It may not be long before famous actresses are offering TV viewers electricity for a "dime a kilowatt hour" - or maybe for a nickel.
Electricity deregulation is gaining momentum. By one reckoning, 47 states are working on or considering plans to allow electricity suppliers to compete for customers the same way long-distance telephone companies do. New Hampshire and Illinois already have pilot programs under way. Massachusetts, California, and Pennsylvania are also getting into the act.
Still, it could be a long time before most states actually deregulate electricity, and that's what worries some in Congress. They want consumers to reap the benefits of ending electric monopolies as soon as possible - setting a specific date by which states must act. A study by the conservative group Citizens for a Sound Economy claims competition could save the average American household $216 a year.
"Competition lowers prices, competition improves productivity, and monopolies are always inefficient and expensive - always. That's not opinion, that's fact," Rep. Thomas Bliley (R) of Virginia said in a speech last week.
Such talk has many utility companies - especially those hampered by high fixed costs - concerned.
Members of the Edison Electric Institute (EEI), a trade association representing many large, investor-owned utilities are especially worried about so-called stranded costs. They have spent money to build power plants under current state rules that guarantee them a return on their investment. If deregulation laws leave utilities holding the bag for these expenses, many of them might be unable to compete and could go bankrupt under their debts.
And some consumer advocates warn that deregulation could put price-cutting ahead of reliability of power supply.
"The states are not dragging their feet," says David Owens, senior vice president of the EEI. "State regulators are saying, 'We're doing OK. We don't need Congress's help.' "
Mr. Bliley, chairman of the House Commerce Committee, which will consider any deregulation proposal, disagrees. "The states should determine how to deregulate, but not whether. And the states couldn't do the job even if they wanted to, because the transmission lines go across state lines."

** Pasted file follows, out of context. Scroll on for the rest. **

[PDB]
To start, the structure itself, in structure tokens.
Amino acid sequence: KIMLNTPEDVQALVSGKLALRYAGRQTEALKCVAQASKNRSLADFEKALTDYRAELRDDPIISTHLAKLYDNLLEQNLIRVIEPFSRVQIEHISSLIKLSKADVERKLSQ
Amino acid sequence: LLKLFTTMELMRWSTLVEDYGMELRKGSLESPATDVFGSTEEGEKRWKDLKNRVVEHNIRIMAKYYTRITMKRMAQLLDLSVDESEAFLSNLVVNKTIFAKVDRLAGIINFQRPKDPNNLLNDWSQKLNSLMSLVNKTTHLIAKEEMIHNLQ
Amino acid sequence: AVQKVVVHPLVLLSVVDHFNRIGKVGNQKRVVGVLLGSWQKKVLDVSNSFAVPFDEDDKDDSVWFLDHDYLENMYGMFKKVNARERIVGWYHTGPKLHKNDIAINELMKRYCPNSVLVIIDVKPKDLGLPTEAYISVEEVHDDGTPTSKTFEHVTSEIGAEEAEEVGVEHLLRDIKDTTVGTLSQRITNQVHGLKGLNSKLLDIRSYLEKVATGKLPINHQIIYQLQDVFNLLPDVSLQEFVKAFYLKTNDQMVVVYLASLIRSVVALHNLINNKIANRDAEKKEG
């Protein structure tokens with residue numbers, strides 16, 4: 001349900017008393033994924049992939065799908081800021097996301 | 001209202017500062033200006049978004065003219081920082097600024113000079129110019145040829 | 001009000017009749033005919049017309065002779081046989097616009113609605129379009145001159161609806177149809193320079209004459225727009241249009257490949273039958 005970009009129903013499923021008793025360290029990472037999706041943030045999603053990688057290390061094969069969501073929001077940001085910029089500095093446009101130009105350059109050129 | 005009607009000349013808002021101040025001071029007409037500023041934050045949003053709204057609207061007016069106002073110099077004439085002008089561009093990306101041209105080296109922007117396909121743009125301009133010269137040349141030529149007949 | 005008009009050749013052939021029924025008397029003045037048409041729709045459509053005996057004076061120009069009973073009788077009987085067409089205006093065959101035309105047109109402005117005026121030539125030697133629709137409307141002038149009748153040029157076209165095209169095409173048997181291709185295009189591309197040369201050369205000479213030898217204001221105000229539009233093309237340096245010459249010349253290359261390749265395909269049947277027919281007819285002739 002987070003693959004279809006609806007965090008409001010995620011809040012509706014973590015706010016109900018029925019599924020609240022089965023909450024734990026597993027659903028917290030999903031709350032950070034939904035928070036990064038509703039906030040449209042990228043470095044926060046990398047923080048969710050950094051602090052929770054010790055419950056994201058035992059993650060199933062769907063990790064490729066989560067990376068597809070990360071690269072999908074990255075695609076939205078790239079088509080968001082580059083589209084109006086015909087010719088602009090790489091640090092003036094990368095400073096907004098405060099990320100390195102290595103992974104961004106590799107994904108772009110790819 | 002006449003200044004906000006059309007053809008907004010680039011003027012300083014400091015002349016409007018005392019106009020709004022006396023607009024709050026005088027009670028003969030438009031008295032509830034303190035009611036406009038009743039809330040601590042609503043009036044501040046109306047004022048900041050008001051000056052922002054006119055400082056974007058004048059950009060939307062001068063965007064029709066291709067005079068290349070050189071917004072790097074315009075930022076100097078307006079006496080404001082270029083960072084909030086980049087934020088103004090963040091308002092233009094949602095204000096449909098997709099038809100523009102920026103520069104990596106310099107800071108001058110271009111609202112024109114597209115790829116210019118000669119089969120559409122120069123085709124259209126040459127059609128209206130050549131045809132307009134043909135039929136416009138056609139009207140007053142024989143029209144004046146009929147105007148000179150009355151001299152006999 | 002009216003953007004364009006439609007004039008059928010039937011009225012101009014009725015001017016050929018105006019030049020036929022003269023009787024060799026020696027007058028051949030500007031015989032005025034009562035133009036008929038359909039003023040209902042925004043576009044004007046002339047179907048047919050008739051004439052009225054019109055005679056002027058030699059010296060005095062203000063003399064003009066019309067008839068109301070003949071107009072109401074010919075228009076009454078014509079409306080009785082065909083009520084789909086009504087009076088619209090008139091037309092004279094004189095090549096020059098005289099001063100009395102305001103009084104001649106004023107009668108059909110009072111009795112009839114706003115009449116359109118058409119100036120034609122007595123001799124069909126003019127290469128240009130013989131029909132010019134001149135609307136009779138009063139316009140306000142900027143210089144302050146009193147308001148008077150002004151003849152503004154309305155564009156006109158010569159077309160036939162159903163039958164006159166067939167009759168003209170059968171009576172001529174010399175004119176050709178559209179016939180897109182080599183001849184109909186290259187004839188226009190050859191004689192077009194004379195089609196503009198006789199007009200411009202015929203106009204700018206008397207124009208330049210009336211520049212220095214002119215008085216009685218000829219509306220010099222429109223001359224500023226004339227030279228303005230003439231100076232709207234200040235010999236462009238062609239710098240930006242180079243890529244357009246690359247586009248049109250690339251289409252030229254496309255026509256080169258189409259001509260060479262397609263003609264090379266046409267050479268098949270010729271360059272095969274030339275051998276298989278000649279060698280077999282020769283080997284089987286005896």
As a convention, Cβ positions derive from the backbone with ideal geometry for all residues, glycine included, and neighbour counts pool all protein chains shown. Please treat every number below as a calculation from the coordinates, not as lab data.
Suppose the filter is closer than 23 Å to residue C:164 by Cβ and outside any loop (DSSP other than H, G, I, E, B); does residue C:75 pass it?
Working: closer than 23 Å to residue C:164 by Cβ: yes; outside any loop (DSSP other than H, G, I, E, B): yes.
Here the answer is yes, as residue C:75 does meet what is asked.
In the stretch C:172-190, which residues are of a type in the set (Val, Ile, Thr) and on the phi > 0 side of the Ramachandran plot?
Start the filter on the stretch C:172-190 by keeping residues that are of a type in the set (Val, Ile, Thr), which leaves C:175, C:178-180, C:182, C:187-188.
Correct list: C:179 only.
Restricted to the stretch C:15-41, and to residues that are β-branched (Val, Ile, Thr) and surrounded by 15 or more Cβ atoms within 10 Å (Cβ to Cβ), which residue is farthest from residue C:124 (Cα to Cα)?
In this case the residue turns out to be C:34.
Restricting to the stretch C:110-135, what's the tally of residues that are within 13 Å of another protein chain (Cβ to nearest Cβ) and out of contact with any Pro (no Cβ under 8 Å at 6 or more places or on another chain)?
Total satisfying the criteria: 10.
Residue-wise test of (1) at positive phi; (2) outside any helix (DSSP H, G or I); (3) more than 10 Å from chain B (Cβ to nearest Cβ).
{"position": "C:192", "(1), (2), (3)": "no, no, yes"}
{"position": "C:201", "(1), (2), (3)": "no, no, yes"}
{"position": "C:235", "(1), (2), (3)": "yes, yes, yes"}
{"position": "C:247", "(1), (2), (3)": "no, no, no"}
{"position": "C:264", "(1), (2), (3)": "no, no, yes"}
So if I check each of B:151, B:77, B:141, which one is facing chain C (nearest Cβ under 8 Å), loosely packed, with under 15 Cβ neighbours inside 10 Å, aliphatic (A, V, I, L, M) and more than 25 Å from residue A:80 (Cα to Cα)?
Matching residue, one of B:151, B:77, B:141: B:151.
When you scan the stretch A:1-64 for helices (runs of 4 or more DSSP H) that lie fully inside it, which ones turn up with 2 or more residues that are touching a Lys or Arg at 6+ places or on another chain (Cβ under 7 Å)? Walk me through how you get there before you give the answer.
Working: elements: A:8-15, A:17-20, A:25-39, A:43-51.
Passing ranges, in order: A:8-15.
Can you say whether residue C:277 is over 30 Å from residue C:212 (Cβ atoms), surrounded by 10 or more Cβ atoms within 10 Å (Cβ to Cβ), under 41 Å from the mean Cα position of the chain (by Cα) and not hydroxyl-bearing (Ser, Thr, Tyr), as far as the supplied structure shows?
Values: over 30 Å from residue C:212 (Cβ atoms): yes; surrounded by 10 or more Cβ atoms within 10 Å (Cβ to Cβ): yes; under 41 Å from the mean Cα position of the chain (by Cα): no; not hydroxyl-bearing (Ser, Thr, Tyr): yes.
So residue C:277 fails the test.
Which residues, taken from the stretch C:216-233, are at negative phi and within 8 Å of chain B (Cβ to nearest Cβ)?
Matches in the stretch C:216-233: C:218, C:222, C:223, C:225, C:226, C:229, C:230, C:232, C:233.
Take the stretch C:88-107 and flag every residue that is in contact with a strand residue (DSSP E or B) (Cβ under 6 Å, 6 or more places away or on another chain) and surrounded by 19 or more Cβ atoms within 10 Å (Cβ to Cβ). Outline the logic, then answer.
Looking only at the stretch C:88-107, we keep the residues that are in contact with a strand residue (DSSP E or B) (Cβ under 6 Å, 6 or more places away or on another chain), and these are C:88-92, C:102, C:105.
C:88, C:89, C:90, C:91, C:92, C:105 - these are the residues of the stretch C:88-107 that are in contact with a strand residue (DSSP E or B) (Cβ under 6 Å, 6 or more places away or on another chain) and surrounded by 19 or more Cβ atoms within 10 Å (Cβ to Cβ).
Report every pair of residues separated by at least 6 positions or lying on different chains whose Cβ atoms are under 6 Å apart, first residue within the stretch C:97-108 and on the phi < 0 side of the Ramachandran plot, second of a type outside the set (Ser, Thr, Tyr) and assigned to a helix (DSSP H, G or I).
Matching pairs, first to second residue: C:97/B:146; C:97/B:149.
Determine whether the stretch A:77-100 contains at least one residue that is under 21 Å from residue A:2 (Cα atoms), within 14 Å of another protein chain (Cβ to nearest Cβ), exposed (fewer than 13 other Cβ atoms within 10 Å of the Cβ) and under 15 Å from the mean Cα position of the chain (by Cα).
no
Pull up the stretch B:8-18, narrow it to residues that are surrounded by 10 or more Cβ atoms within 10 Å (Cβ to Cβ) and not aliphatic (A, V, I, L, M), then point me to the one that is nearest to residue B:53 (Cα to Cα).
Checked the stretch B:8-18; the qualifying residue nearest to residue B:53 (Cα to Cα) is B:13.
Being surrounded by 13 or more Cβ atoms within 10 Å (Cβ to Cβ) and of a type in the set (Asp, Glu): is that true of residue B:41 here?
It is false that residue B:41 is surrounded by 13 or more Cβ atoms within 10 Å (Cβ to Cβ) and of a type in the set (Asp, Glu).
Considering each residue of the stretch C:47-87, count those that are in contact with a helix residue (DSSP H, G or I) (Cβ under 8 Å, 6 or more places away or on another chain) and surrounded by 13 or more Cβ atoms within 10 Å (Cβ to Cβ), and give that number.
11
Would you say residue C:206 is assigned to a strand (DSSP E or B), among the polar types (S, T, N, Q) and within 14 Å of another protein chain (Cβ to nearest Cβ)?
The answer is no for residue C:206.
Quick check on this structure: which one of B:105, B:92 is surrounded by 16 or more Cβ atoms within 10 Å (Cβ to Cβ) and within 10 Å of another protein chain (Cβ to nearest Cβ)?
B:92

Referring to the Citizens for a Sound Economy study, Rep. Dan Schaefer (R) of Colorado says deregulation's savings "could mean nearly $200 billion more economic growth annually, more than 1 million new jobs, increased productivity, higher wages, and a big boost to the competitiveness of American-manufactured goods."
While he agrees there will be benefits, Mr. Owens says the study "exaggerates the level of savings and understates the potential costs."
Mr. Schaefer, who chairs the Energy and Power Subcommittee, introduced a bill last summer that has become central to the debate. He plans to submit a revised version in the next Congress. Other proposals will likely come from Rep. Tom DeLay (R) of Texas, Rep. Edward Markey (D) of Massachusetts, and Sens. Don Nickles (R) of Oklahoma, Frank Murkowski (R) of Alaska, and Dale Bumpers (D) of Arkansas.
"Electric deregulation is going to be one of the biggest issues of the 105th Congress," says Dana Perino, a spokeswoman for Schaefer.
Among the provisions of the Schaefer bill:
*States would have to deregulate by Dec. 15, 2000 or the Federal Energy Regulatory Commission (FERC) would do it for them.
*States would have the authority to set the terms of electric service, to regulate the structure of companies providing electricity, and to deal with issues of reliability, stranded costs, and consumer protection.
*A renewable-energy credit rating system would be created to encourage electricity generation from renewable sources.
*As choice is implemented, two federal laws would be repealed on a company-by-company basis: a 1935 law banning the ownership of public utilities by holding companies, and a 1978 law requiring utilities to buy excess electricity from independent (unregulated) producers.
Not so fast, says the Edison Electric Institute. "We're not opposed to federal legislation. But we do believe there are a number of important experiences in the 47 different jurisdictions looking at restructuring," Owens says. He advocates waiting to see what the various states do and then using federal legislation to fill in the gaps. And he doesn't want a mandated deadline. "It's important to get the rules right so they apply equally to all companies in the marketplace," he says.
Ms. Perino criticizes that approach as foot-dragging by the major utilities. "A year ago, EEI was saying 'Just say no.' " Now, she says, they are saying, "Just go slow."
Moves toward deregulation have put utilities onto the fast track in one area: Mergers in the industry have been gathering steam. The FERC was expected to issue new rules yesterday streamlining regulatory approval of utility mergers.
The Schaefer proposal is mute on the issue of stranded costs, leaving it to the states to work out. In many cases, Perino charges, utilities are forcing customers to pay for the utilities' uneconomical decisions. EEI would rather see the issue resolved in any federal law. "Facilities and contracts should continue to be paid for [by the consumers]," EEI's Owens says. The independent producers argue that all contracts and commitments should be protected under deregulation.
Owens also wants the two regulatory laws - the 1935 Public Utility Holding Company Act and the 1978 Public Utility Regulatory Powers Act - repealed at the beginning of the process, not at the end, as Schaefer has proposed. "These are distortions in the marketplace today. We should deal with them today rather than wait for [deregulation] to happen and then deal with them."
Bliley says he's hopeful a bill will emerge from the 105th Congress. But he adds, "It won't be easy."